When ordinary is extraordinary. For sure, Rob Hornstra’s characters are ordinary but at the same time far from ordinary. And yet, they are you and me, your neighbor, the shop keeper at the street corner, your cousin, as long as they carry a Kalashnikov and fight to survive in difficult circumstances or impossible climates in Russia, Iceland, Abkhazia or elsewhere. Fotomuseum Den Haag offers a large retrospective of his work around Europe. A gallery of portraits of ordinary hard working people with a plus: a past, a history, a background. The photographs are impeccable and strengthened by the stories that go with them. A child in a shelter, poor paysans in a remote village of Abkhazia, survivors of terrorism, nostalgic of the good old days of the nazis or communism, or simply butchers at their store staring at you with blood all over and a big knives in their hands. What sentiments about mankind? one reaction could be to want to escape as far as possible and let everything behind with a feeling of helplessness or one could be to want to read all these stories, reflect, and form compassion for your fellow human beings, wherever they are, whatever their backgrounds, their nationalities, they are humans, like you, with their history, fears, desires, limitations and beauty. In that sense, these ordinary people are extraordinary. Hornstra follows the work done by August Sander who relentlessly portrayed the German people in the early twentieth century, but the colours, the actuality of Hornstra’s photographs make it more vivid and straight in the face than the beautiful vintaged black and whites of Sander. The small sampling below shows only photos taken in Russia, but I could also have selected pictures taken in Iceland, The Netherlands, or elsewhere, and these would have provided the same sense of profound connection with humanity.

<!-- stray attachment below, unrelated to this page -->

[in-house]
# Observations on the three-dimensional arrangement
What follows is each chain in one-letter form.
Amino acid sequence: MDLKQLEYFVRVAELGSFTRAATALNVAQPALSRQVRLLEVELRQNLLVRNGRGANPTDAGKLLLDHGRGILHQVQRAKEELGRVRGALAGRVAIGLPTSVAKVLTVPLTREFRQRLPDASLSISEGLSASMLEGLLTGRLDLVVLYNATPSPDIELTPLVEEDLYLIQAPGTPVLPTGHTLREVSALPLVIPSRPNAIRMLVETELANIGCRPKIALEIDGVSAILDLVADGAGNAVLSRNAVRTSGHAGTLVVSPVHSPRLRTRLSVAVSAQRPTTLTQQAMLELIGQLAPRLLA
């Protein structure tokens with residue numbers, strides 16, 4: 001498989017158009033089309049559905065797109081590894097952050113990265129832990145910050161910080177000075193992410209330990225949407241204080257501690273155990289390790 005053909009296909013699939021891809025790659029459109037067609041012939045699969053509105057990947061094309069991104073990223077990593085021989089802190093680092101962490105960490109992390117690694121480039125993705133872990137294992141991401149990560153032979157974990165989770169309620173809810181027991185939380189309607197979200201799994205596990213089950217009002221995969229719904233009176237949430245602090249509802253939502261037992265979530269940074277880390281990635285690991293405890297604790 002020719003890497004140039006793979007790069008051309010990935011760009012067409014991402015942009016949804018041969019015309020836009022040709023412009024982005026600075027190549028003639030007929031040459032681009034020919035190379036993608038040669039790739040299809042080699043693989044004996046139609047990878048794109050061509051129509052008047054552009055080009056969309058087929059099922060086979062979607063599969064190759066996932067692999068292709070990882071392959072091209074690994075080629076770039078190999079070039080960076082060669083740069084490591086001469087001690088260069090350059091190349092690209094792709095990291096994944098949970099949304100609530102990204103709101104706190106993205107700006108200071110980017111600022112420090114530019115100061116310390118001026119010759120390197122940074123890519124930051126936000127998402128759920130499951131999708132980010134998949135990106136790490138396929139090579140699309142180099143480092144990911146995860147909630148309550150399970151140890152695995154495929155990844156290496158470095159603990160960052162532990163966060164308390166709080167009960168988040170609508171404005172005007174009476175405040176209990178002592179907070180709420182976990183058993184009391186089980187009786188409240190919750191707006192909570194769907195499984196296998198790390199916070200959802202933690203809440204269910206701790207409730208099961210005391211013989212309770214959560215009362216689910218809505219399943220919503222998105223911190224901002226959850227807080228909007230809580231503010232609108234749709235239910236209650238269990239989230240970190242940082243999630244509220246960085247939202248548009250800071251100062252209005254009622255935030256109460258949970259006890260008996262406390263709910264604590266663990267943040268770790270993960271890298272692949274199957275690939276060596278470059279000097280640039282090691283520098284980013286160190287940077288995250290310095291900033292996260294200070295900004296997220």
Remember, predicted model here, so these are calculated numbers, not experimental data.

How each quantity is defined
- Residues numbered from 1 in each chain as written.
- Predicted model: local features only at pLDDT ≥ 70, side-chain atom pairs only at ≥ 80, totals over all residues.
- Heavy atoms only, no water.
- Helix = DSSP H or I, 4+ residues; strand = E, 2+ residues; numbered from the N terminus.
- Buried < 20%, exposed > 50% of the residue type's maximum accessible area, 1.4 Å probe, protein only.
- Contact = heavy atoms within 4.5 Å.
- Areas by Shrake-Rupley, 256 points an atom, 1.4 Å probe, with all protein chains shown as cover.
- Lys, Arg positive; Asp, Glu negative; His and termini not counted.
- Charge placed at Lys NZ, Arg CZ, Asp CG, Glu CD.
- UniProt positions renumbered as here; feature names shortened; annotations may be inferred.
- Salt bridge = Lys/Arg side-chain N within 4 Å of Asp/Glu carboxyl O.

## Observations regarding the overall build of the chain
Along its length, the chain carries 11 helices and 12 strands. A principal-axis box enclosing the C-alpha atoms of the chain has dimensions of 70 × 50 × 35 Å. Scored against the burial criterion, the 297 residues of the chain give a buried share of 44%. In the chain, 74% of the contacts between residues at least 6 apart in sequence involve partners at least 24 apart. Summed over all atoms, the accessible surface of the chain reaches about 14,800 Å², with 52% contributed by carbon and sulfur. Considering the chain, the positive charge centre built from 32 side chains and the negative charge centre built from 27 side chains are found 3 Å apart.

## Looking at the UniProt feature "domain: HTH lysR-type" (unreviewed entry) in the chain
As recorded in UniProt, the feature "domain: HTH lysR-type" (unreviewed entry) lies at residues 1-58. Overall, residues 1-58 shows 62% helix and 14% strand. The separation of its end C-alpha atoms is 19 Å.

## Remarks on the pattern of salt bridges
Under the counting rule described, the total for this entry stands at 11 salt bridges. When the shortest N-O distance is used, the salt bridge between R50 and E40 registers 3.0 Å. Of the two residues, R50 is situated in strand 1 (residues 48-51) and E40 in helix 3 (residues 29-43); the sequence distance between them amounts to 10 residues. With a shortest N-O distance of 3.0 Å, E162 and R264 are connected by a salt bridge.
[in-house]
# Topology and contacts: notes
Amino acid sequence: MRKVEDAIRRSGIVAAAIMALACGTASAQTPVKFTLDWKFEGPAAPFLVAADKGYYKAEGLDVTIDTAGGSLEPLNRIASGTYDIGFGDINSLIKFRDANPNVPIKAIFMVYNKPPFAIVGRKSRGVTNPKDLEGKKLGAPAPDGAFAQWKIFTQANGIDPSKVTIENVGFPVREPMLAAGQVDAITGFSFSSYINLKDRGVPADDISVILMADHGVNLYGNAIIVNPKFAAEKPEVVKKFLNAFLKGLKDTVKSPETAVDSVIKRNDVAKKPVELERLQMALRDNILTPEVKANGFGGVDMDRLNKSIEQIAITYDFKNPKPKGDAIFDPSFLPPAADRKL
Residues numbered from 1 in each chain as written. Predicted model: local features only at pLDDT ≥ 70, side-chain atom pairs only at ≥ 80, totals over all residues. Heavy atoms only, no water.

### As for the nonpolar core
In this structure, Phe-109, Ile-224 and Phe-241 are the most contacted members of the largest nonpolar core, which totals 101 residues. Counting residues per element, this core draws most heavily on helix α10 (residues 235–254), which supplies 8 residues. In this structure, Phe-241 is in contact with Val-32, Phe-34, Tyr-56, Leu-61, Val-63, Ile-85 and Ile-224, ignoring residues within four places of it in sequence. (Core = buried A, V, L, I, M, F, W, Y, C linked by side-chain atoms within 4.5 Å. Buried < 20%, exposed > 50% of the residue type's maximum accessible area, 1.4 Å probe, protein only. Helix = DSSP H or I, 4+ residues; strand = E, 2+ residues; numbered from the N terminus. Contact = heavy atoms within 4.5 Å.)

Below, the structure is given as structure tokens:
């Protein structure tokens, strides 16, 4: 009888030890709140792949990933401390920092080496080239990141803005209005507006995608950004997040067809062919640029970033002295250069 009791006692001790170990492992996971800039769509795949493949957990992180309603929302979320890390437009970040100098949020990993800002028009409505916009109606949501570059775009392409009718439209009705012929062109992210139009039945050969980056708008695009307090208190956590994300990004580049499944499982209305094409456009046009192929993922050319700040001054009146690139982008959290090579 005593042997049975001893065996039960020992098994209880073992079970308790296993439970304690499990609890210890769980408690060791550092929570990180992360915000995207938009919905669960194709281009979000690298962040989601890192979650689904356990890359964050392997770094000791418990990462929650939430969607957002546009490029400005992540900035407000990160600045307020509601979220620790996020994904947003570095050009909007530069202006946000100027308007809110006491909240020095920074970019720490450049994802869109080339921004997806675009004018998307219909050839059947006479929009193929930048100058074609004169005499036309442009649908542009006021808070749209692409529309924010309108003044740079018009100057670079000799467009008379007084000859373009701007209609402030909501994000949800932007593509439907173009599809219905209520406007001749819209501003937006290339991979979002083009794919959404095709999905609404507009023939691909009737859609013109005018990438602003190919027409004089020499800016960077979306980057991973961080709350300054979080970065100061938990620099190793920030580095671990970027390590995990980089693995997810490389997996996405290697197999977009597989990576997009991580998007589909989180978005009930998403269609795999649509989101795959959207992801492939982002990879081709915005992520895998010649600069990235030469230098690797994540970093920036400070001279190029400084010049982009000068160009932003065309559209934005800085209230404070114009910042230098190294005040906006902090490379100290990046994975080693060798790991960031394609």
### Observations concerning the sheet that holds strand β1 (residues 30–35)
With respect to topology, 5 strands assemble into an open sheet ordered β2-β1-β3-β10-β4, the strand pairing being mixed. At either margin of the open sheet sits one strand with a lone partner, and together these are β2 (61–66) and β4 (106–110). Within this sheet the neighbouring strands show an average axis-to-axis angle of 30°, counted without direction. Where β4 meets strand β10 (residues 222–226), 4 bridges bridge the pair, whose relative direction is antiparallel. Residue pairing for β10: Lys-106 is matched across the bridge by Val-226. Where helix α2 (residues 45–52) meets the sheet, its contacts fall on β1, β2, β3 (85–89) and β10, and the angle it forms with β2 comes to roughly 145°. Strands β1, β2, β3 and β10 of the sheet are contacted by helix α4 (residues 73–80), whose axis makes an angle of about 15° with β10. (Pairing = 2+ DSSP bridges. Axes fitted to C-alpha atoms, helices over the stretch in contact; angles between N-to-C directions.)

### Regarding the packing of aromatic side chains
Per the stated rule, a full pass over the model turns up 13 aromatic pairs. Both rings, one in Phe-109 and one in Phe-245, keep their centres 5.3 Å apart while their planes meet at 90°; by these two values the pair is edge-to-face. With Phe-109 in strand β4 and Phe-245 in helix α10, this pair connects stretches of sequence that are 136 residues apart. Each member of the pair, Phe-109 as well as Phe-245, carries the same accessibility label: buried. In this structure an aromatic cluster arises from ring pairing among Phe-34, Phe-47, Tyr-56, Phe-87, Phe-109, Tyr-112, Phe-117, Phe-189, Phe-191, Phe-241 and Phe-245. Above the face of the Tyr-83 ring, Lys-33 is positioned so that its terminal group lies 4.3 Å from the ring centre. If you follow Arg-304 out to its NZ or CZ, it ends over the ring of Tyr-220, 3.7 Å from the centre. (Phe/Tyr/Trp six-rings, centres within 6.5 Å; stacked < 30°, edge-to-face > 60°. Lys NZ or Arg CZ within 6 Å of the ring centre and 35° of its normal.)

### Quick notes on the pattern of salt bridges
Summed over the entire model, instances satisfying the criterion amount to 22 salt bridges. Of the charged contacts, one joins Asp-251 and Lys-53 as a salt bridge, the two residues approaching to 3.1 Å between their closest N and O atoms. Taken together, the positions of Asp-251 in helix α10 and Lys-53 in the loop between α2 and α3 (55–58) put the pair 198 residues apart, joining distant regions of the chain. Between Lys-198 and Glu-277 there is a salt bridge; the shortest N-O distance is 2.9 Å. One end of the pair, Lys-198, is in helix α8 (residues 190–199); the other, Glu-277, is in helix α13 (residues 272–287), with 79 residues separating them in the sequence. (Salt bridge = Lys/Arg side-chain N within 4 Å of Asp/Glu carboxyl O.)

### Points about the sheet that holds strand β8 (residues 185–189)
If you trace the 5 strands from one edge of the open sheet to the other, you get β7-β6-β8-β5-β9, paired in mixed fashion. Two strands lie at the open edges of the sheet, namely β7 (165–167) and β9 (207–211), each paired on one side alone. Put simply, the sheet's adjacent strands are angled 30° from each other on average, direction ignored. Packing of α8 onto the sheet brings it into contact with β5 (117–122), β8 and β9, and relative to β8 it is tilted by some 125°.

Natalya, Sochi, Russia, 2011 ©Rob Hornstra
Aleksandr, Makhachkala, Russia, 2012 ©Rob Hornstra
Sveta, Moscow, Russia, 2007 ©Rob Hornstra
Victory Day, Moscow, Russia, 2008 ©Rob Hornstra